Using analogRead(0) or analogRead(A0)?

The Arduinoreference can be a bit obscure about the proper use of pin numbers on the analog pins. Should you for example use analogRead(0), or analogRead(A0), afterall if u use “0” wouldn’t that refer to the digital pin ‘0’?

Well, no worries about that: analogRead(0) and digitalRead(0) will read from two different places. The former will read from analog channel 0 or A0 and the latter will read from pin 0 which happens to be a digital pin. The Arduino KNOWS the difference between digitalRead(0) and analogRead(0) because of the difference in commands.

However, the analogpins can also be used as digitalpins and in that case ofcourse the Arduino doesnt see the difference between ‘0’ and ‘0’ (nor can you) so in that case you should use digitalRead(A0) or its ‘digital’ pin number as in digitalRead(14).

The analog pin definition code for the Arduino Uno can be found in thefile hardware/arduino/avr/variants/standard/pins_arduino.h

static const uint8_t A0 = 14;
static const uint8_t A1 = 15;
static const uint8_t A2 = 16;
static const uint8_t A3 = 17;
static const uint8_t A4 = 18;
static const uint8_t A5 = 19;
static const uint8_t A6 = 20;
static const uint8_t A7 = 21;

So, to summarize, for analogRead you can use the following:

  • analogRead(0); // channel number
  • analogRead(A0); //pin number

for a digitalRead on analogpin A0, you have to use one of the following:

  • digitalRead(A0); // channel number
  • digitalRead(14); // pin number

for digitalWrite on analogpin A0, you should use one of the following:

  • digitalWrite(A0,x); // channel number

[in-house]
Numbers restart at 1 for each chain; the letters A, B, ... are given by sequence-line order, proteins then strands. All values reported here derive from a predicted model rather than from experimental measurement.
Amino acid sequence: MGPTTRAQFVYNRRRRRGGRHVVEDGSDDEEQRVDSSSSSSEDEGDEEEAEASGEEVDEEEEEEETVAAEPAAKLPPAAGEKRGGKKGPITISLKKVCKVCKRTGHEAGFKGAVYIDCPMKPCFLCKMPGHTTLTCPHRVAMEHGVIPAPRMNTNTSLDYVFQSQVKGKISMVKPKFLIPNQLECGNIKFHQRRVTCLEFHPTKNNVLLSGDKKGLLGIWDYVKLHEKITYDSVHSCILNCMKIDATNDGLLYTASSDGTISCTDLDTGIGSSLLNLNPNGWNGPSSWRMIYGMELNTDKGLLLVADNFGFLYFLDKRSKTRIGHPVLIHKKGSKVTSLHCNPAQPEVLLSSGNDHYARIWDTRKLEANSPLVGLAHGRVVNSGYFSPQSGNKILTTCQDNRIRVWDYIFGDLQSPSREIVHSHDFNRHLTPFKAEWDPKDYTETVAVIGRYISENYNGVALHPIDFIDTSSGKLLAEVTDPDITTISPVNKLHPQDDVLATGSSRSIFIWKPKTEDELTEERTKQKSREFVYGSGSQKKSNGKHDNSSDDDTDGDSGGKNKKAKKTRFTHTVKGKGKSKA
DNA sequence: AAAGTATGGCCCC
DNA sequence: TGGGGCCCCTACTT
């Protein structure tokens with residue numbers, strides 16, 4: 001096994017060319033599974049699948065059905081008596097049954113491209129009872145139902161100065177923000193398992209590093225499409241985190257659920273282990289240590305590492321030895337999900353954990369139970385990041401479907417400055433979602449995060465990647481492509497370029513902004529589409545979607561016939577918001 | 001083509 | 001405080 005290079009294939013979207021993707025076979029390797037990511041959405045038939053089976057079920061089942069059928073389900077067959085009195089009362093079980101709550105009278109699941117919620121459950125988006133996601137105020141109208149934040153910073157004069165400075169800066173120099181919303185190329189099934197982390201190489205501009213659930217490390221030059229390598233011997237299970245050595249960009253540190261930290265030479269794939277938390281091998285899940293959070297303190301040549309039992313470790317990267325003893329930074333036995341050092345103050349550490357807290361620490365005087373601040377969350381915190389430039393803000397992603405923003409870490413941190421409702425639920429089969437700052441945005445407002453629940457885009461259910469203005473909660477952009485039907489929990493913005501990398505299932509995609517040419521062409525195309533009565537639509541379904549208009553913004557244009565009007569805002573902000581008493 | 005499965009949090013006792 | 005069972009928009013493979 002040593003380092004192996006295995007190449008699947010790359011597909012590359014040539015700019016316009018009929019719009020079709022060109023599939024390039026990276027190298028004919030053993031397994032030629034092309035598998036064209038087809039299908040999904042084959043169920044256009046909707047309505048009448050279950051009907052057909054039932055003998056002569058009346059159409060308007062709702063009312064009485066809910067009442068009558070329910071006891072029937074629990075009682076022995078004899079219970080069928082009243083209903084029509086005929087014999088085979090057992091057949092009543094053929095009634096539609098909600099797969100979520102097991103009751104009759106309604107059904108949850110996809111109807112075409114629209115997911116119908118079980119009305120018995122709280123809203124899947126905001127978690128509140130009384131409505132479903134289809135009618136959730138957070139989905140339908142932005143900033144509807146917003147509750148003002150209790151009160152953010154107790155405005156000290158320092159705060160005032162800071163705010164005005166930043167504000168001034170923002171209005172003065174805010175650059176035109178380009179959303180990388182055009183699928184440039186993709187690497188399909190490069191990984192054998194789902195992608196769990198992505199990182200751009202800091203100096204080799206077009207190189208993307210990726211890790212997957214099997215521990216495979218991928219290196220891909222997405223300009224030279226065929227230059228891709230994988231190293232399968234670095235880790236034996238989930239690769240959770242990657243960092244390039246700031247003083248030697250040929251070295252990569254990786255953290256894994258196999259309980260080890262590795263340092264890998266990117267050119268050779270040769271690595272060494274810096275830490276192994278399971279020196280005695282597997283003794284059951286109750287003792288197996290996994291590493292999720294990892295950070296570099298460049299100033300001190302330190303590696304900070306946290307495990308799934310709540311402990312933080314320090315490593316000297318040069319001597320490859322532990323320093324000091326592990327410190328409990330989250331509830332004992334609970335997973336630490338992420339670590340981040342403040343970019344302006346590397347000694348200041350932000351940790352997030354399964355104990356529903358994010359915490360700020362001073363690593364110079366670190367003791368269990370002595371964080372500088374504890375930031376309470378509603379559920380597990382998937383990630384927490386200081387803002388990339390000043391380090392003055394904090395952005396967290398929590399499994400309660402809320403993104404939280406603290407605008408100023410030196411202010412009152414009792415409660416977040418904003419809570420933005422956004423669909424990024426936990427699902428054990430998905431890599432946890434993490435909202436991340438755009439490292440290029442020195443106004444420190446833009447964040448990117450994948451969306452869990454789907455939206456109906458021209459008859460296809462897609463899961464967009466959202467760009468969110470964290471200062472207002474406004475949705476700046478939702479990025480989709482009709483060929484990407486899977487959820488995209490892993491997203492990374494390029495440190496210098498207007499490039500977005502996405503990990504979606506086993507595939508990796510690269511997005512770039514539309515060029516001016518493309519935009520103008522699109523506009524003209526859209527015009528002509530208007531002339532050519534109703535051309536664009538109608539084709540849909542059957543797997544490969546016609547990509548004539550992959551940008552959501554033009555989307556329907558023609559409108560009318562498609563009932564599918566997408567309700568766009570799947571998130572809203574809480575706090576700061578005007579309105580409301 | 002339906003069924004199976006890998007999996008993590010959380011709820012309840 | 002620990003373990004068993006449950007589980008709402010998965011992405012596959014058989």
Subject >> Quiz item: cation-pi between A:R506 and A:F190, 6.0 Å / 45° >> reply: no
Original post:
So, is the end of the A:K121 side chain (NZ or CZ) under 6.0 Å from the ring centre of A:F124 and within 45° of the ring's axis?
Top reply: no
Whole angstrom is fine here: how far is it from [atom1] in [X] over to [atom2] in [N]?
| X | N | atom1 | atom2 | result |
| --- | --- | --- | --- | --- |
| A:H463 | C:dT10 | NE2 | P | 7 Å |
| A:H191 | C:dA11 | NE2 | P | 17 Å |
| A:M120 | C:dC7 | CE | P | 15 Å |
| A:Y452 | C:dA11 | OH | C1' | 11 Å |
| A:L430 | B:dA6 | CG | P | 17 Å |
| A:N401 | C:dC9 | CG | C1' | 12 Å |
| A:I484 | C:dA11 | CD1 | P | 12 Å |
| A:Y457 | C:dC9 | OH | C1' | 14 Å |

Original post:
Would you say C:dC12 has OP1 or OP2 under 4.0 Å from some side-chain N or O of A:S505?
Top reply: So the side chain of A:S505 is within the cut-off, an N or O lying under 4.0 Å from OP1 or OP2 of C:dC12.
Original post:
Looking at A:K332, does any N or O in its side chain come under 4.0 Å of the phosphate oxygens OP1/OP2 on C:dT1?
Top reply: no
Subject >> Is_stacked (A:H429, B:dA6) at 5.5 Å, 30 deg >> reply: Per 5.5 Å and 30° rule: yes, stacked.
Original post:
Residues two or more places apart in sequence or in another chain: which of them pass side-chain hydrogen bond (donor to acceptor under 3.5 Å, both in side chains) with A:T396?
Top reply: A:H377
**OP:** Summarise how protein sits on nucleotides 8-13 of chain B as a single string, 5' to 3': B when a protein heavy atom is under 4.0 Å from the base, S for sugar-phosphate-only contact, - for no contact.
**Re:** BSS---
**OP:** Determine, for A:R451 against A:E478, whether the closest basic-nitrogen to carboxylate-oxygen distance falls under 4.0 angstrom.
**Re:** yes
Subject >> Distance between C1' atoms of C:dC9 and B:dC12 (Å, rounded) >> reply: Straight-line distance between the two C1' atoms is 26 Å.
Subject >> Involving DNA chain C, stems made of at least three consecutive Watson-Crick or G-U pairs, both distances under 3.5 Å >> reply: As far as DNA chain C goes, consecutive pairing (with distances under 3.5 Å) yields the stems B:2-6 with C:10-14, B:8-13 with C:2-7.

• digitalWrite(14,x);// pin number

The analogWrite command ofcourse is a different story as that only has a function on the PWM pins. The analogWrite() command can be called on any of the pins, but it only does something on the PWM pins. On non-PWM ditial pins and all analog pins, it simply calls digitalWrite(). The analogRead command ONLY has a function on the analog pins.

OK that is clear. A source of confusion however may be the use of constants. For instance if you want to read the value of an LDR on analogpin 0, but you like to use a constant so you can refer to the port by a name like ‘LDRpin’.
Well, again, both of the following definitions will work:

  • const byte LDRpin=0;
  • const byte LDRpin=A0;

and then followed by: analogRead(LDRpin);
The problem however comes when you start using that constant for other commands on that pin, like ‘pinMode’.
It isnt always necessary to set pinMode as usually when you use analogRead your Arduino will understand you are doing a read function, but suppose you want to use the internall pull-up resistor on A0, so you dont need an external resistor for your resistor-LDR voltage divider.
If you would do:

const byte LDRpin=0;
followed by:
pinMode(LDRpin, INPUT_PULLUP);
you will get false readings as you haven’t set the pull up resistor on pin A0, but on pin 0 which is a completely different (digital) pin. You will not only get false readings on A0, but may have completely false function on digital pin 0 as well.
Sure, that would also happen if you are not using a constant, but chances are that when you write pinMode(0,INPUT_PULLUP), you immediately realise something is wrong.

So that is one reason why it is better to always use ‘A0’ ( or A0…A5 for that matter).
ofcourse using
const byte LDRpin=14;
also is not a good idea as that would get the right pin in “pinMode” but not in analogRead. Using the pinnumber “14” is also not a good idea with regard to portability. Yes, 14 refers to pin A0, but not in all arduino’s

For comparaison here is the analog pin definition code for the Arduino Mega:

static const uint8_t A0 = 54;
static const uint8_t A1 = 55;
static const uint8_t A2 = 56;
static const uint8_t A13 = 67;
static const uint8_t A14 = 68;
static const uint8_t A15 = 69;